Upon leaving our seventh annual Champ Celebration, held last week at Cityscape, one of our almost 200 guests said, “Everybody in town should experience Champs!”

We agree. Our CIS board and staff had a great time hosting the event and we want to share with everyone what these nine individuals and organizations are doing to help kids stay in school and achieve in life.

So, in the weeks and months to come we’ll introduce you to each of them. You’ll be able to read what our various presenters said about their efforts and thanks to CIS volunteer, Don Kingery, you’ll be able to see what guests saw (and missed!) through his photographic lens.

Dr. Michael F. Rice, Superintendent, Kalamazoo Public Schools
Dr. Michael F. Rice, Superintendent, Kalamazoo Public Schools

And, because we’ve had numerous requests to publish the speech given by our youngest Champ ever—fifth grader Kawyie Cooper—we’ll post her speech next Tuesday. According to Kathy Jennings, editor of Southwest Michigan’s Second Wave, Kawyie “stole the show with her words of what being named a Champ meant to her.” You can read the entire article here. And, if we can convince some of our other Champs to guest blog for us, we’ll publish their reflections here as well.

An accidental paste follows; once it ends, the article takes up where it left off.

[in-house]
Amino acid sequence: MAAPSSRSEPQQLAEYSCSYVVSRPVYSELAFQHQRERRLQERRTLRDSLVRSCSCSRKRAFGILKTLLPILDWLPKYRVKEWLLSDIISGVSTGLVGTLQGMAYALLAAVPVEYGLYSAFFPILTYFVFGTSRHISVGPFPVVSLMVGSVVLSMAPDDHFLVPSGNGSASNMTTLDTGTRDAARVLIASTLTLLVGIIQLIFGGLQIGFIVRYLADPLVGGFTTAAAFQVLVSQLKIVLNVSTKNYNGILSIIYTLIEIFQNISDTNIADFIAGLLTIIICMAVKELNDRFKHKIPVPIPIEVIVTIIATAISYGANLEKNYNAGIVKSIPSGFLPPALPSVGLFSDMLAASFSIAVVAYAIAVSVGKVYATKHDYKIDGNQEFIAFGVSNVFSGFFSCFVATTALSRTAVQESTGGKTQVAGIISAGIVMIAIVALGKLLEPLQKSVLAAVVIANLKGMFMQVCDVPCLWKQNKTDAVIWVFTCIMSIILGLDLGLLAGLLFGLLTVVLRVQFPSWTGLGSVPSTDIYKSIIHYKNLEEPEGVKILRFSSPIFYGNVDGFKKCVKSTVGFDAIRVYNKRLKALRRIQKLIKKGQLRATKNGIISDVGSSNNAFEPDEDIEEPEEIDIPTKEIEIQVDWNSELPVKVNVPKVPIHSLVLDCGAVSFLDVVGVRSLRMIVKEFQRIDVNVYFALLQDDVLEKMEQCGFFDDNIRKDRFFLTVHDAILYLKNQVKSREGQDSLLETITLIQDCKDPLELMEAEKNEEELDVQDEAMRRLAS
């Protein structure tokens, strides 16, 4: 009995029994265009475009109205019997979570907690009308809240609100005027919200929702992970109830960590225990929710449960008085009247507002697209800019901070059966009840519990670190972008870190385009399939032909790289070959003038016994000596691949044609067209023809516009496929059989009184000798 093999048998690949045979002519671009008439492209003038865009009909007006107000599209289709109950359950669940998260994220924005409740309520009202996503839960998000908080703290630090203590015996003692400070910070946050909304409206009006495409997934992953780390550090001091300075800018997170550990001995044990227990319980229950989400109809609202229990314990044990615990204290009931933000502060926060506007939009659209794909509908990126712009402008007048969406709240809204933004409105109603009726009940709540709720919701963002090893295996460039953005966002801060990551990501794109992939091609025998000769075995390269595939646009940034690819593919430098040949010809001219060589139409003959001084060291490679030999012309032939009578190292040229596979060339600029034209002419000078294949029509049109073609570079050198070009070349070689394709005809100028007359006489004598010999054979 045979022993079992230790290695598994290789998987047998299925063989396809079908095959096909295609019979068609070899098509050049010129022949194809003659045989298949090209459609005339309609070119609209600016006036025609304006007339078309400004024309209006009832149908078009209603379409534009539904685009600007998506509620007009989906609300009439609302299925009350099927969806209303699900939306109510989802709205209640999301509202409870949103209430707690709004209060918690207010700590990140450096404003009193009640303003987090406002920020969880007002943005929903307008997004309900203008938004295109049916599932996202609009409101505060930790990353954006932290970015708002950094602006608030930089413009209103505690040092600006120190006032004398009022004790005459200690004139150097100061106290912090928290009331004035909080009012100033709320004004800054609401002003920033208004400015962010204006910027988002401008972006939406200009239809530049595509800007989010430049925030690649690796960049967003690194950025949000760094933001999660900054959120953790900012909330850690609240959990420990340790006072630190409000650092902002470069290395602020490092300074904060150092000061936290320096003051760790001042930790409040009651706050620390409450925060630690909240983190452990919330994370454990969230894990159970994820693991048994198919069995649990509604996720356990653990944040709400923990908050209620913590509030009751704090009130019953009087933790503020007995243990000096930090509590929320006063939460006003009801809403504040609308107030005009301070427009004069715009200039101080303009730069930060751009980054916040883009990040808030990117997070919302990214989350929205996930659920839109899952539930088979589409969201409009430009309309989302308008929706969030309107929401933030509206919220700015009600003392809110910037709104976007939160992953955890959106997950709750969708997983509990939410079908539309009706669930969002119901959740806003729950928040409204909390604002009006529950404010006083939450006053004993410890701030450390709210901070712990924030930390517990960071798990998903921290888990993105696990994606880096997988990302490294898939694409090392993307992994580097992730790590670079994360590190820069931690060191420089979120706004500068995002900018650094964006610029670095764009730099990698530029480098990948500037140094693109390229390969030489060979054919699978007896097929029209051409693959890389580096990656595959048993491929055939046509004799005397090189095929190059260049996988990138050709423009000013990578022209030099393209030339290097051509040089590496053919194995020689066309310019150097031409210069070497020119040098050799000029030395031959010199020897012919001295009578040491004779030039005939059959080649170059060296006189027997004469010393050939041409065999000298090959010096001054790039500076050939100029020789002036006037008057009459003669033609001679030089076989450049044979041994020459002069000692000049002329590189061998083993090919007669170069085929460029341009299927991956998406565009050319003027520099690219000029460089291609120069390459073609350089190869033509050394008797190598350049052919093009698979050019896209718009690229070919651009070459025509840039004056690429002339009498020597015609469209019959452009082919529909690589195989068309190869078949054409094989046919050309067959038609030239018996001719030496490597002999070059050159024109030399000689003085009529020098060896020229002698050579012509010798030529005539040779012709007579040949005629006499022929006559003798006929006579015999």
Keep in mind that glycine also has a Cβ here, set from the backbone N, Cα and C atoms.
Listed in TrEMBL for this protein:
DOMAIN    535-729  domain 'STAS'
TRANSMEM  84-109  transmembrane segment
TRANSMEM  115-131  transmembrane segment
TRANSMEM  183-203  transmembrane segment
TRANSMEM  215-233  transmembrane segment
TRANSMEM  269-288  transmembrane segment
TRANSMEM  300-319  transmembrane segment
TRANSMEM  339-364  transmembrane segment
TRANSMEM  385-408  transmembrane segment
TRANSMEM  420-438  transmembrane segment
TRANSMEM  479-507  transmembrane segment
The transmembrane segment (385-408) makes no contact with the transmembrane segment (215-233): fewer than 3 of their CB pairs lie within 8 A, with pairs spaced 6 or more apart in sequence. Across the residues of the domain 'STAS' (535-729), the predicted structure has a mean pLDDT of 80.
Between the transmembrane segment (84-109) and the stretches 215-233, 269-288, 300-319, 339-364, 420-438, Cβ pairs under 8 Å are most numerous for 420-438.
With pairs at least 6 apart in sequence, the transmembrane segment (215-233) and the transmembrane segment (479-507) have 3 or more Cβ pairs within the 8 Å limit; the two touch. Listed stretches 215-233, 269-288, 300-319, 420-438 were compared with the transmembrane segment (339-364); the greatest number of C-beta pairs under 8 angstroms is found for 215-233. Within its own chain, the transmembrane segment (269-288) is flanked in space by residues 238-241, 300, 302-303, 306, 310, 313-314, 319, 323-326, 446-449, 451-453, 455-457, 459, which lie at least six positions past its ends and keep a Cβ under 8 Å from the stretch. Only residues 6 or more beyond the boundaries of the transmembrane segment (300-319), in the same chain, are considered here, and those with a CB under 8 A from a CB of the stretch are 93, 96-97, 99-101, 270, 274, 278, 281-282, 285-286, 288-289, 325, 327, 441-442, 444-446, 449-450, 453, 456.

Today, though, we’ll leave you with a list of our award winners. And then, take a moment to click on the “Dear Kalamazoo” video below that first aired during the event. This video was created because throughout the 19 KPS schools that CIS is currently in, we have a number of grateful students (not to mention parents and teachers) who wanted to take the opportunity to say thanks and give shouts out to their own Champs.